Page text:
The psalmist declared: “I thought about my ways, and turned my feet to Your testimonies” Psalm 119:59). Seems like a simple enough verse, yet it has profound implications:
First, the psalmist did a simple exercise that was life changing: he thought about his ways. It seems simple enough, but it is not so easy for many people to do.
The last six weeks has been a period in which I have been doing some serious thinking about my “ways.” That is partly why my blogs have been less frequent this summer. I shared in my last blog that my health began to cry out for attention. But, during this summer (now past), I also began to take a major inventory of other areas of my life as well.
For those of you who know me, I am a very driven person. Most of my friends have grown weary of encouraging me to slow down. I am the typical “task-oriented” person. I fully intend to relax, as soon as I get all of my work caught up! My problem is that my schedule and ministry opportunities have only increased in volume over time, not subsided. Life has become the proverbial treadmill from which I felt I could not get off.
This summer, the Lord got my attention. My schedule had grown so full that I did not even have 24 hours in between travel commitments. This on top of moving to a new state, having a child get married, and having two books to write caused my schedule, and life, to become unmanageable. I decided to cancel several commitments I had made and to actually take some time to rest and to re-evaluate where and how I was investing my time and energy. I am still on that journey, but God has been gracious to teach me much over the last few weeks.
For one, it doesn’t matter how hard you are working if God is not the one motivating your labor. Scripture says: “Unless the Lord builds the house, they labor in vain who build it” (Ps. 127:1). It is possible to work hard for God, and yet for God to not be the author of what you are doing. Busyness can easily take the place of abiding in Christ.
God also taught me that my labor is in vain if it causes my family to suffer. The psalmist also notes that when we fear the Lord and walk in His ways (Ps. 128:1-2), then it goes well with our family. At times I was working hard, but had neglected to ensure I was walking in God’s ways. Hard work will not harm your family if you are doing it God’s way! But hard, or excessive labor, my way, can bring great stress on those I love.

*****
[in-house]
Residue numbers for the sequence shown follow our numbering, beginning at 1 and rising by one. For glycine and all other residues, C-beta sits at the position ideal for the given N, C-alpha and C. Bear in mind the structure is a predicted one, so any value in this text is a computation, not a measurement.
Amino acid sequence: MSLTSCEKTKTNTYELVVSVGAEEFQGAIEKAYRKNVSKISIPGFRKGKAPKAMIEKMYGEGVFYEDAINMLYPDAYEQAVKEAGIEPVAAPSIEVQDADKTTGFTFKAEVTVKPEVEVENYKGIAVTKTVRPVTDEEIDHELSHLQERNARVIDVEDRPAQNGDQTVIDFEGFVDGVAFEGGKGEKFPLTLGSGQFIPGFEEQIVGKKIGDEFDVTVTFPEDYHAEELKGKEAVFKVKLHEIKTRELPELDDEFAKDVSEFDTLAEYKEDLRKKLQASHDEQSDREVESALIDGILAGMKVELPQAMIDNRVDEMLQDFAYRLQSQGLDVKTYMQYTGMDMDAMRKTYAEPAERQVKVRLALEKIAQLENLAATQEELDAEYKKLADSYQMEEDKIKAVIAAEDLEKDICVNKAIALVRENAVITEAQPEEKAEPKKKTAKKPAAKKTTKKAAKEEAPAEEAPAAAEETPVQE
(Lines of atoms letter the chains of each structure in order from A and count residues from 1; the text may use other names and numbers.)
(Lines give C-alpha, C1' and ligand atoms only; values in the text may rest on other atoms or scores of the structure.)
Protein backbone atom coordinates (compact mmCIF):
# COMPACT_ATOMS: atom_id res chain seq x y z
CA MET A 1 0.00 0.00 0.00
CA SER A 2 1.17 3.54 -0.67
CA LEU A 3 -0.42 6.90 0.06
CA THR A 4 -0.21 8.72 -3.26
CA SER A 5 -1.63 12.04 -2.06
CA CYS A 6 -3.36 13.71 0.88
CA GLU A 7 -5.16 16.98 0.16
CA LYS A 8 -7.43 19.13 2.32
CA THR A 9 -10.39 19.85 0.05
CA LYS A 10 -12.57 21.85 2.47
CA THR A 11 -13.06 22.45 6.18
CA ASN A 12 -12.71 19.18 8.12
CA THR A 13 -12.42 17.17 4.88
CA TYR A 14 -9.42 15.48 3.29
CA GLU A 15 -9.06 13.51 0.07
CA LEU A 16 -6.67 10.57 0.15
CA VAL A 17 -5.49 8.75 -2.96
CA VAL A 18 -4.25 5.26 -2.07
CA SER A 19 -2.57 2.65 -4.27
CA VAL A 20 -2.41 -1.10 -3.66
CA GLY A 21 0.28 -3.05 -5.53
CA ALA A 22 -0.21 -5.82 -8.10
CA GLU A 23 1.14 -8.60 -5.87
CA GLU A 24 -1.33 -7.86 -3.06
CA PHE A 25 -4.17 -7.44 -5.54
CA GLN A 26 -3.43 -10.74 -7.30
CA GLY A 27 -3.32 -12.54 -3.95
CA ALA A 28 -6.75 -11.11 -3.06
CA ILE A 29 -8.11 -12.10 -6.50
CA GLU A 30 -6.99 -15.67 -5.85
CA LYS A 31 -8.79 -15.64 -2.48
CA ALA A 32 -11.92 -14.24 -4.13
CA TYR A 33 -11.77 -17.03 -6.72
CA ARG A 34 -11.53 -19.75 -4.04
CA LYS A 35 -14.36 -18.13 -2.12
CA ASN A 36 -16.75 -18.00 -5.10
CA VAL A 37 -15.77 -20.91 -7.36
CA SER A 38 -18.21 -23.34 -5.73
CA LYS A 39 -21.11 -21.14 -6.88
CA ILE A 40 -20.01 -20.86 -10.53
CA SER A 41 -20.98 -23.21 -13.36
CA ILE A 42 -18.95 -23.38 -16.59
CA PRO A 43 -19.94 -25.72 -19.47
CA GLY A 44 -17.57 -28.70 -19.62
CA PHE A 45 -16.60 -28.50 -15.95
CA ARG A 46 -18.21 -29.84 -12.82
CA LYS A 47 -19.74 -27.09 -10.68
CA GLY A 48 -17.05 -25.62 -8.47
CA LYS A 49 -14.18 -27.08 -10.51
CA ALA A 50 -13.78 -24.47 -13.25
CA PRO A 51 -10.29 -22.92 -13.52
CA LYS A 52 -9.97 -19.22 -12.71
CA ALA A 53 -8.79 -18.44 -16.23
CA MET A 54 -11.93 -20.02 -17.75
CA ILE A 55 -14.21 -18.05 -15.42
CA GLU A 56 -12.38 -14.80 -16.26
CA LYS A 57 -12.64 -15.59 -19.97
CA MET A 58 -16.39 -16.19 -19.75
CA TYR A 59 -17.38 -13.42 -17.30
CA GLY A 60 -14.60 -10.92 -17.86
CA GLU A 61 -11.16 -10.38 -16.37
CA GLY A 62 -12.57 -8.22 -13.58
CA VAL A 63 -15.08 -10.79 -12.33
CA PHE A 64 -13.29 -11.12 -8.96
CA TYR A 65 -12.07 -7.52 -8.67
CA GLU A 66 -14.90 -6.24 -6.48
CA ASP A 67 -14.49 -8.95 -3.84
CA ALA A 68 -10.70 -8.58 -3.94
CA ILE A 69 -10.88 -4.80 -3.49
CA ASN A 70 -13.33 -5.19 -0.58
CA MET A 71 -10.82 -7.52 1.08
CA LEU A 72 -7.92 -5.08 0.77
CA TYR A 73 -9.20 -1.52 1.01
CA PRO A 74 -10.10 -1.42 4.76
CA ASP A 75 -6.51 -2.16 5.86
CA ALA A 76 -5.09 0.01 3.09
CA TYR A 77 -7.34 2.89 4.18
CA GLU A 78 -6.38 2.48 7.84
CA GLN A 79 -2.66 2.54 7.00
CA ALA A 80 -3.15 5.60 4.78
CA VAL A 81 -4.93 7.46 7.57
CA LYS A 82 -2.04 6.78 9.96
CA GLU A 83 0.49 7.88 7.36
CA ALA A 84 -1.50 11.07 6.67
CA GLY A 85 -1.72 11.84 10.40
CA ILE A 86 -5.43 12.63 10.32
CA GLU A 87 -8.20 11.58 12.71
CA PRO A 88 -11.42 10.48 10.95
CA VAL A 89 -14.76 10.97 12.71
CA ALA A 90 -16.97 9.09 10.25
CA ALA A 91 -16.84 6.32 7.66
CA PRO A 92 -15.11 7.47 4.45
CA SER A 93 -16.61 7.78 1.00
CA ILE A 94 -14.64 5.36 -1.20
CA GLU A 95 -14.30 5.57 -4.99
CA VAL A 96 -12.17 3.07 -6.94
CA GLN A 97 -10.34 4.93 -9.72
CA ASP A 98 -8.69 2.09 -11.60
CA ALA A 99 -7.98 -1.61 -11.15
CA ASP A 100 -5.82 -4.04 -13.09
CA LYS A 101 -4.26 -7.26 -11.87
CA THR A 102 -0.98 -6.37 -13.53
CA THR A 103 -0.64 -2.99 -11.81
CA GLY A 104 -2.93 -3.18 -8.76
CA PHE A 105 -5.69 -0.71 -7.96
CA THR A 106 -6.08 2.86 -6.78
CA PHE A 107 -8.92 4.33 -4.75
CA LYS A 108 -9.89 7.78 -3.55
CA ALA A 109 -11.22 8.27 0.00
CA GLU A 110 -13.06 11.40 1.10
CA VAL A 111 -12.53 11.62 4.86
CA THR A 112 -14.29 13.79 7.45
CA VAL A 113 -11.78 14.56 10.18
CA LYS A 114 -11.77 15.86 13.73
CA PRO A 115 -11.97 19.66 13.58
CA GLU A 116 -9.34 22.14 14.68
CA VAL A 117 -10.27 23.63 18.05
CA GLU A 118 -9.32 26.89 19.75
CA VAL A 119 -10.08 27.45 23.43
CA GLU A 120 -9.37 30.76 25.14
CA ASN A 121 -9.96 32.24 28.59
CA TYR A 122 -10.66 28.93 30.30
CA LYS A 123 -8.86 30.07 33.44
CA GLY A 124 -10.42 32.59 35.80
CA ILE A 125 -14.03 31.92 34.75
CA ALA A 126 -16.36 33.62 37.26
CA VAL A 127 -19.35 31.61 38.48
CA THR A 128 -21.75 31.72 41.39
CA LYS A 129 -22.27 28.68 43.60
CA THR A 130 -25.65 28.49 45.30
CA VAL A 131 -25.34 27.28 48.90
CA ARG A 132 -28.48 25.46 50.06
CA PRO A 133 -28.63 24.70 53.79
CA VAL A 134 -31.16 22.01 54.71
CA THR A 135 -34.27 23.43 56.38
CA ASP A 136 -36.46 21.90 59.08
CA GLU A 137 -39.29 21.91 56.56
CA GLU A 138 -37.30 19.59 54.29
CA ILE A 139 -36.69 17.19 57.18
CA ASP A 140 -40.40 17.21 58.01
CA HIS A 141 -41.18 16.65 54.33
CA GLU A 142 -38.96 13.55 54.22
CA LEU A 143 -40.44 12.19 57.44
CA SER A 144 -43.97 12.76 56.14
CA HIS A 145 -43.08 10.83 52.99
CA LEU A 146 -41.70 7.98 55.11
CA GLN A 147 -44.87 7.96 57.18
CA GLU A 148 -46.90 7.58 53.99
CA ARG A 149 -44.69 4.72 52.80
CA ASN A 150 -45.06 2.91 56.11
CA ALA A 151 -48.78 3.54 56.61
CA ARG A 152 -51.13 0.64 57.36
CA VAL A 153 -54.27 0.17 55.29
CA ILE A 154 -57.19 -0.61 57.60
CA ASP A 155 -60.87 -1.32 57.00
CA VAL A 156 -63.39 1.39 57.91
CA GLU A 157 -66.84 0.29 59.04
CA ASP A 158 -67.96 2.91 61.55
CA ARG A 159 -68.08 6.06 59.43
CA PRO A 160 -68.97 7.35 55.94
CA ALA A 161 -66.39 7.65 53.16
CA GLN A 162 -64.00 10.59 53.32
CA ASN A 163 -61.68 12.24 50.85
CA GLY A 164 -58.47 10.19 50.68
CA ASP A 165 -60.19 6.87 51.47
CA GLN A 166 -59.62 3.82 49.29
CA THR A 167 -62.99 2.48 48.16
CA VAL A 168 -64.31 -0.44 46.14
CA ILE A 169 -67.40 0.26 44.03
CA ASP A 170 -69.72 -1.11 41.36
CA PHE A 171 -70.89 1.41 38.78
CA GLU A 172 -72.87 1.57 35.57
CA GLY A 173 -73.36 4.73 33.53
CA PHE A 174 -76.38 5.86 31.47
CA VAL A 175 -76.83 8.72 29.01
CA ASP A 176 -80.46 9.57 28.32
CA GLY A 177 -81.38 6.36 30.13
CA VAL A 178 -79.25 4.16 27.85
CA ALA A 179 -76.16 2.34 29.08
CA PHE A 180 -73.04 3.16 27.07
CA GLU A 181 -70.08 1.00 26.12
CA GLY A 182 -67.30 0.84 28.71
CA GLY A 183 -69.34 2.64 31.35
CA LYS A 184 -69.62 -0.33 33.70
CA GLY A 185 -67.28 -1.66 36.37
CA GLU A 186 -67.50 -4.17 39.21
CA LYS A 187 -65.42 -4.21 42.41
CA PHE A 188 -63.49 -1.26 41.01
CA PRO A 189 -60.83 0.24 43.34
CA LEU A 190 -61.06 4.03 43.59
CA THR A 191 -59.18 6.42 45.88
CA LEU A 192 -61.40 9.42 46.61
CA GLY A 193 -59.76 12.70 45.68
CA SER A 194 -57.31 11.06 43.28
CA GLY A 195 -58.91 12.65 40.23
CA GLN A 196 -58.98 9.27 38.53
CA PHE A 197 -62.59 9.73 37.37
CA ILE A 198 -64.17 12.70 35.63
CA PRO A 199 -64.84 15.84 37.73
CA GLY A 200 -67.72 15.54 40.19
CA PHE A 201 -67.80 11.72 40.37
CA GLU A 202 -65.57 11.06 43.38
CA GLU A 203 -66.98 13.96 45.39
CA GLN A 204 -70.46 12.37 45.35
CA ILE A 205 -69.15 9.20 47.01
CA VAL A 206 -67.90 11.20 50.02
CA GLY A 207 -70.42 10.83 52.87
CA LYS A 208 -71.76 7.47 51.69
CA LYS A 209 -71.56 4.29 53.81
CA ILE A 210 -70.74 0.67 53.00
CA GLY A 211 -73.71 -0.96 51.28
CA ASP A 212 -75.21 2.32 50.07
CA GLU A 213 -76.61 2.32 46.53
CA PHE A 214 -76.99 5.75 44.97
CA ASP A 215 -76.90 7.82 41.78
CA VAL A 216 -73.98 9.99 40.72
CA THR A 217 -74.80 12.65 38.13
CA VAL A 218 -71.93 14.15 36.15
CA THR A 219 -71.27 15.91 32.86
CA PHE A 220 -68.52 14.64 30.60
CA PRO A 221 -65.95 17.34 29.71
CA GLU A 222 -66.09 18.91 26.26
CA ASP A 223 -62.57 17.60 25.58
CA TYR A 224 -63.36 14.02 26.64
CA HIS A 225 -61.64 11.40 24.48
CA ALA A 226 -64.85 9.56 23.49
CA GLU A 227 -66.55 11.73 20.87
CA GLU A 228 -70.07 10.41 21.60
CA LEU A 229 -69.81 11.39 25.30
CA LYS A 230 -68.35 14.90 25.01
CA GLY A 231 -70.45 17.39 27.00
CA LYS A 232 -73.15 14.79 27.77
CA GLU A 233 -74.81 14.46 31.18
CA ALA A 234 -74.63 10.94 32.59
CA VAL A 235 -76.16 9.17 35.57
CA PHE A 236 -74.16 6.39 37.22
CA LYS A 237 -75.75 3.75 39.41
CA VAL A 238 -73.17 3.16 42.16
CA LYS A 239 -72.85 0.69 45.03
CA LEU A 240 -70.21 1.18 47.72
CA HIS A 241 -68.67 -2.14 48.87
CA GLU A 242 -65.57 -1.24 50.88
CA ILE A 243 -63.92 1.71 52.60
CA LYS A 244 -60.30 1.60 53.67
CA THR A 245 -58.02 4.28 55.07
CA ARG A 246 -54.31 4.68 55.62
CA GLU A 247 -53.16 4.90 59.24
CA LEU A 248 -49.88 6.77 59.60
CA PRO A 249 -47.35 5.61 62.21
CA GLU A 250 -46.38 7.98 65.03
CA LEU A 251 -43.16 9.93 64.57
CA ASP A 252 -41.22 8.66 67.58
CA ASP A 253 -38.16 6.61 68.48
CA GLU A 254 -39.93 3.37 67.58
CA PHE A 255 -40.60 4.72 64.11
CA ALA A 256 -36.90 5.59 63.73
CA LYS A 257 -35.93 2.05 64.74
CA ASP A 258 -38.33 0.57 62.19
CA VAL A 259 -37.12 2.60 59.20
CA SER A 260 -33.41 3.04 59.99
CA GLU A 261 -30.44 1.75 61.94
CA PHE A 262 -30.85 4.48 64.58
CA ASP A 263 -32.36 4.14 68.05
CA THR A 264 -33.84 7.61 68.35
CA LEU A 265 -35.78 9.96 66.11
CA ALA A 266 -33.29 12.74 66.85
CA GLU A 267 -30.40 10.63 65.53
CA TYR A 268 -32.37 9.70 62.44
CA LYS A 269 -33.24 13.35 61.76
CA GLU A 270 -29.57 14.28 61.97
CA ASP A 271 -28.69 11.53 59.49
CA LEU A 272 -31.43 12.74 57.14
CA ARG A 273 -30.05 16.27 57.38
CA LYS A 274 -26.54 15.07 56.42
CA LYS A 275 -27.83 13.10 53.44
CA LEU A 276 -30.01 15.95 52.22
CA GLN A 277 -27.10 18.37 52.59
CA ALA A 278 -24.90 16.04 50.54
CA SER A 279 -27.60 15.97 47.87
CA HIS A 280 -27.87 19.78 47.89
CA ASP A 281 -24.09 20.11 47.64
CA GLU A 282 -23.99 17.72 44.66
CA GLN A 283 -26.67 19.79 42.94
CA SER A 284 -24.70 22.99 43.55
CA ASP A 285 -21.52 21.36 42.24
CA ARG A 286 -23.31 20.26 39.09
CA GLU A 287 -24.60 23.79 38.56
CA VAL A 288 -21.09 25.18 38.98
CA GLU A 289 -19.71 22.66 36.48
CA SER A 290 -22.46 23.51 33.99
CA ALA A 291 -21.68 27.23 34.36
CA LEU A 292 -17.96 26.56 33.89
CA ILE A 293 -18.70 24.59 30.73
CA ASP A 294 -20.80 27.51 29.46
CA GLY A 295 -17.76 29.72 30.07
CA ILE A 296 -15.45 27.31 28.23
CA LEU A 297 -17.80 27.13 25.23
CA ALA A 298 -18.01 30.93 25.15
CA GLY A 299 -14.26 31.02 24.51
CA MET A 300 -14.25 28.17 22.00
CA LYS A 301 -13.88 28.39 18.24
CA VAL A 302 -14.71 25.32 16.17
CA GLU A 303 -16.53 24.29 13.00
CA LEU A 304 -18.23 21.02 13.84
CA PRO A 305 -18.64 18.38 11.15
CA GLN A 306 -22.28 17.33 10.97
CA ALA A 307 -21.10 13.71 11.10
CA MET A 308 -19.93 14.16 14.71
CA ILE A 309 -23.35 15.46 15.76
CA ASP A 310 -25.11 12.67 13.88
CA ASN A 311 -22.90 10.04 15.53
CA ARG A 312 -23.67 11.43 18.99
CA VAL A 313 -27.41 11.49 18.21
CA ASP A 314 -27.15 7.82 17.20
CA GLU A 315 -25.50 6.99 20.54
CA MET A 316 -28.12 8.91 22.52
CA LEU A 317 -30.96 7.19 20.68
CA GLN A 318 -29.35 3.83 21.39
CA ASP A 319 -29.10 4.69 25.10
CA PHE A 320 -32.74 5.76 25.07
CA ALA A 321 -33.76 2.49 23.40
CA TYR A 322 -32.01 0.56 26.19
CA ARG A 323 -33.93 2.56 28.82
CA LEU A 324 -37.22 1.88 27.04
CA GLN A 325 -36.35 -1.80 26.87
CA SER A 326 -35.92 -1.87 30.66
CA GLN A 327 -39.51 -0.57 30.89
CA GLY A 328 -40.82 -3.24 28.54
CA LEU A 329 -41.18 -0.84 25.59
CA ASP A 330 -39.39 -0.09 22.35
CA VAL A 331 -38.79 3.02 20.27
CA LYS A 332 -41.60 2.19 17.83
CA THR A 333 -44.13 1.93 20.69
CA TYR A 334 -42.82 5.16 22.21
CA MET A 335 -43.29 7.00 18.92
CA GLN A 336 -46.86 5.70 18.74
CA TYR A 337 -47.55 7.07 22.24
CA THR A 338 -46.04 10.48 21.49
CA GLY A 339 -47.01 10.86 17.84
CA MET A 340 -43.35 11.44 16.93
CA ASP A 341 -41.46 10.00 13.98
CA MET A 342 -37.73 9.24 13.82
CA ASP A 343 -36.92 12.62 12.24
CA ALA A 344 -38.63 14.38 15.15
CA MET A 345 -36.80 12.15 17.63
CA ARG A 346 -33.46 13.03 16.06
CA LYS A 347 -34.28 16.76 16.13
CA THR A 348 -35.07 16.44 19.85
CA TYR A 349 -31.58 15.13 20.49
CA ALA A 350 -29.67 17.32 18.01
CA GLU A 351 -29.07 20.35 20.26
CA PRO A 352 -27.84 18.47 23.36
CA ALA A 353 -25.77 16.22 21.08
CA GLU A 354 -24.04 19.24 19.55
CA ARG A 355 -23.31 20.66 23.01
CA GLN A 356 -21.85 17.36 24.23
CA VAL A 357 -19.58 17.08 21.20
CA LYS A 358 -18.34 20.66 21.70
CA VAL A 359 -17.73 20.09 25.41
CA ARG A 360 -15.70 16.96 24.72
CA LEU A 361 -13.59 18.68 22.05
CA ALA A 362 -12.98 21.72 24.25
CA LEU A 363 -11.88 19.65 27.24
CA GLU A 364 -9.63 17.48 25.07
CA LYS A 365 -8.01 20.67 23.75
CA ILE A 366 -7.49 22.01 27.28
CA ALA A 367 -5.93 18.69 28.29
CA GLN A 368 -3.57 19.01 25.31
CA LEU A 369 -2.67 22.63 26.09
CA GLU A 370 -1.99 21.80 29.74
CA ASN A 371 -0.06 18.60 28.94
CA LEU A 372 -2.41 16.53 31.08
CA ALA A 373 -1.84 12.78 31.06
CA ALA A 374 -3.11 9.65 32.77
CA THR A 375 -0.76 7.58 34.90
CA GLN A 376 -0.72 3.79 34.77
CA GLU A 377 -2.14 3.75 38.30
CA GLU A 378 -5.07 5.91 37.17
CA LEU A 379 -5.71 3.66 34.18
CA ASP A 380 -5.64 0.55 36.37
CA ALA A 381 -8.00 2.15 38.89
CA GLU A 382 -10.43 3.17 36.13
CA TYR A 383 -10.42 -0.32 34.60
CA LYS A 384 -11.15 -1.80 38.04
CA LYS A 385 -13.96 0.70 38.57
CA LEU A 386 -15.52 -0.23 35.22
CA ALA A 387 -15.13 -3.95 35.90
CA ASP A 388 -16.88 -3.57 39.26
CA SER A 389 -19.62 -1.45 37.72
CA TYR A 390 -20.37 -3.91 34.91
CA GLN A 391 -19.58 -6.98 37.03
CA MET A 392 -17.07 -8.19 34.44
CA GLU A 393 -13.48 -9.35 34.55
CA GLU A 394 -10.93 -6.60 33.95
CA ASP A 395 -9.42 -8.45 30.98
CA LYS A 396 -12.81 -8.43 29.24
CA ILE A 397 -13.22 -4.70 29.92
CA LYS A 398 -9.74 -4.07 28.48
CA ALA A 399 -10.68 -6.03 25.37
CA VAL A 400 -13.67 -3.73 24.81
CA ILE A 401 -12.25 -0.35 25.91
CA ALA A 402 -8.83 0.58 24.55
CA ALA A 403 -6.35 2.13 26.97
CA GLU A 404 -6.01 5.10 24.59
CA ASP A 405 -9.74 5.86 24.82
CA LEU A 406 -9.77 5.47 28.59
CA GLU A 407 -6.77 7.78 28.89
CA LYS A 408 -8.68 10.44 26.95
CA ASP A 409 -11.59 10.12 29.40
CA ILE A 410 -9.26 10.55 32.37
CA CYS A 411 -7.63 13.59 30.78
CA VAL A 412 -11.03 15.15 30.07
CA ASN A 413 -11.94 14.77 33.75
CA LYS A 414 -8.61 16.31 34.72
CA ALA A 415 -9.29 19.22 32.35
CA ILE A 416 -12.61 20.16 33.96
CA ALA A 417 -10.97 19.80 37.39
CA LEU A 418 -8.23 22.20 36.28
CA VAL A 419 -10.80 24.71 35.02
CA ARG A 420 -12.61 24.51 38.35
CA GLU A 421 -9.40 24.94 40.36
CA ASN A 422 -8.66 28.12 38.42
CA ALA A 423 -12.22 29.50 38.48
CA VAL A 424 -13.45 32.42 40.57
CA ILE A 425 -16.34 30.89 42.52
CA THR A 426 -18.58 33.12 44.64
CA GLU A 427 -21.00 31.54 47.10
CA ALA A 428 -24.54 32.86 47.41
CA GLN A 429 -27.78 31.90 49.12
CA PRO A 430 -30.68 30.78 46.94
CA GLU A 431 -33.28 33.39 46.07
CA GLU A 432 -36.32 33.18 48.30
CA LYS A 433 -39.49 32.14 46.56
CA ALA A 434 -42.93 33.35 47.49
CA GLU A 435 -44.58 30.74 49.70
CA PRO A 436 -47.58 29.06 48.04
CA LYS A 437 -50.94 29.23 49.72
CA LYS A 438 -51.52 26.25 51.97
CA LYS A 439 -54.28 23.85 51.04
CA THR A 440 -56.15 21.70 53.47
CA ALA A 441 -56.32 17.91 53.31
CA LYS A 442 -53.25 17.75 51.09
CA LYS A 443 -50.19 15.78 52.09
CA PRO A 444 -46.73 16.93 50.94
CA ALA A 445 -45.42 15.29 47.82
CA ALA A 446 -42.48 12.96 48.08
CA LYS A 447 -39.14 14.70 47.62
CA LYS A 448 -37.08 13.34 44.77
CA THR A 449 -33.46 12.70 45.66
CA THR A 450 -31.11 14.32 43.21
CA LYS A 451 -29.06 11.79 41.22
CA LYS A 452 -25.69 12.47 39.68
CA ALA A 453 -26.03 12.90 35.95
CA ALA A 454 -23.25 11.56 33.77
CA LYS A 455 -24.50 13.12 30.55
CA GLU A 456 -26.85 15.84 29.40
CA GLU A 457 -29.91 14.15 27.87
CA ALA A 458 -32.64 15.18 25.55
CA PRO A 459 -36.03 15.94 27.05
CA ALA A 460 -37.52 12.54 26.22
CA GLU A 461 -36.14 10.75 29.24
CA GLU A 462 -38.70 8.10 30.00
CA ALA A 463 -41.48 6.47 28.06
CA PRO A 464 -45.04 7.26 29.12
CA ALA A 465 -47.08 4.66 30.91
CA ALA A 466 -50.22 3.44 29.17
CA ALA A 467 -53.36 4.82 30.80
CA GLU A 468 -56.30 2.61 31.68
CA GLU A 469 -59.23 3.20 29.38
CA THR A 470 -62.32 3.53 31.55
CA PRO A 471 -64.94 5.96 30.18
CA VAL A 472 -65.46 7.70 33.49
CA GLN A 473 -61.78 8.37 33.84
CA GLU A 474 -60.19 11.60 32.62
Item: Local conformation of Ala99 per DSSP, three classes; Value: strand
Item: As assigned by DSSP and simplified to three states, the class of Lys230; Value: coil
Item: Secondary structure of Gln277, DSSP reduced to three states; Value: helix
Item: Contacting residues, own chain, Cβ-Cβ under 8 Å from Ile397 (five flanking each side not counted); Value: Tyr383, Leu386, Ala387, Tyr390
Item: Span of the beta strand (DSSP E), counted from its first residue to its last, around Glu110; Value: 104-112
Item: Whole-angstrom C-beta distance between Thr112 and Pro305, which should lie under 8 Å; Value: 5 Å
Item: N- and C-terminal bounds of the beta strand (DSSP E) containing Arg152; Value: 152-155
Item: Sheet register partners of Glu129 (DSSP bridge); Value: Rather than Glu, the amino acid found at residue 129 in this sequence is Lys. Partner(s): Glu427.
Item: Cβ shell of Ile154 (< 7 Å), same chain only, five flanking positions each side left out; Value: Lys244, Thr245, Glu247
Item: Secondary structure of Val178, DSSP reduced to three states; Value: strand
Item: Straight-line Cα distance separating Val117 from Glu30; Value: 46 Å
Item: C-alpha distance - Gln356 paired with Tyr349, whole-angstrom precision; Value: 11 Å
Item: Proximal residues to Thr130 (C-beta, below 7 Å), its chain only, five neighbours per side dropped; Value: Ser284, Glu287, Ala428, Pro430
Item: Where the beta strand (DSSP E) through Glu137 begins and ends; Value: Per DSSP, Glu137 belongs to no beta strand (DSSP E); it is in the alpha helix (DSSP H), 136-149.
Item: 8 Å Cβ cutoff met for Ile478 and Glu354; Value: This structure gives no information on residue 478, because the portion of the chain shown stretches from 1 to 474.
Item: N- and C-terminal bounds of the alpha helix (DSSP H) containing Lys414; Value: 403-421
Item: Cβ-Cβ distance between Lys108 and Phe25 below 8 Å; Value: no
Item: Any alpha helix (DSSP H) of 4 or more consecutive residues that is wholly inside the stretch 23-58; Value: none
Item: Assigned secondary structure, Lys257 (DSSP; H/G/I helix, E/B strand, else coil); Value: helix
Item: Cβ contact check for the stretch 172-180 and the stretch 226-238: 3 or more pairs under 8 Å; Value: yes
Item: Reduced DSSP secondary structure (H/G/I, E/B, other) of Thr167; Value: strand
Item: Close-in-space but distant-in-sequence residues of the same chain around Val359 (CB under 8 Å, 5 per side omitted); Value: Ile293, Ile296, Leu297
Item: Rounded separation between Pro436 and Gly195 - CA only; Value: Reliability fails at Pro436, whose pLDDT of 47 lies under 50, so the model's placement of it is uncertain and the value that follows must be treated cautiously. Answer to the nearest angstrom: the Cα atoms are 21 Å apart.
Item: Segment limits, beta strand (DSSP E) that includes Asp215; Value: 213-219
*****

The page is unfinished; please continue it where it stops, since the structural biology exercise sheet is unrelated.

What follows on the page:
I have also learned that I neglect my walk with God at my peril. I, like many ministers, face the constant pressure of giving out to others so much and so often that I seemingly have limited time to “take in” from God for myself. I often found myself rushing from one airport to the next, frantically writing up the next sermon in my hotel room before an upcoming meeting. It seemed like it was difficult to enjoy unhurried time with God. What I have learned is that when I am struggling to find adequate time with God, then I have allowed myself to get too busy. The last six weeks have been wonderful as I have granted myself plenty of time to soak in God’s word. It has been refreshing to have time to meditate upon God’s word! What I have also realized is that, if you get a “home run” each time you get up to bat, then you don’t have to be up to bat all the time! Better to be filled with the Spirit and to speak occasionally, than to be speaking all the time and doing it in my own strength.
The second part of Psalm 119:59 says, “And turned my feet to Your testimonies.” Once the psalmist had thought about his ways, he made the necessary course corrections. He set his feet to walk in the direction he needed to go. Too many times we think about where we are going wrong, but we ultimately never do anything about it.
God has led me to take a number of practical steps to live a more healthy, productive, and God-honoring life. I am intentionally going to “do less.” I am aggressively protecting my schedule, and saying “no” more often. I will value spending quality time with God more than getting my next sermon written. I will demonstrate my love for my family with my calendar. And I will take much better care of myself so I am fresh and energized and joyful whenever I serve and represent my God. There is a lot more I am beginning to do, but this is a blog, not a book, so I will quit!
I, like many ministers, found it easier to diagnose other people’s problems than to carefully consider my own. But God has been gracious to allow me the time to “think about” my ways and to make the necessary adjustments. If it has been a while since you pulled back and evaluated how you are living and leading, I’d encourage you to do so, soon.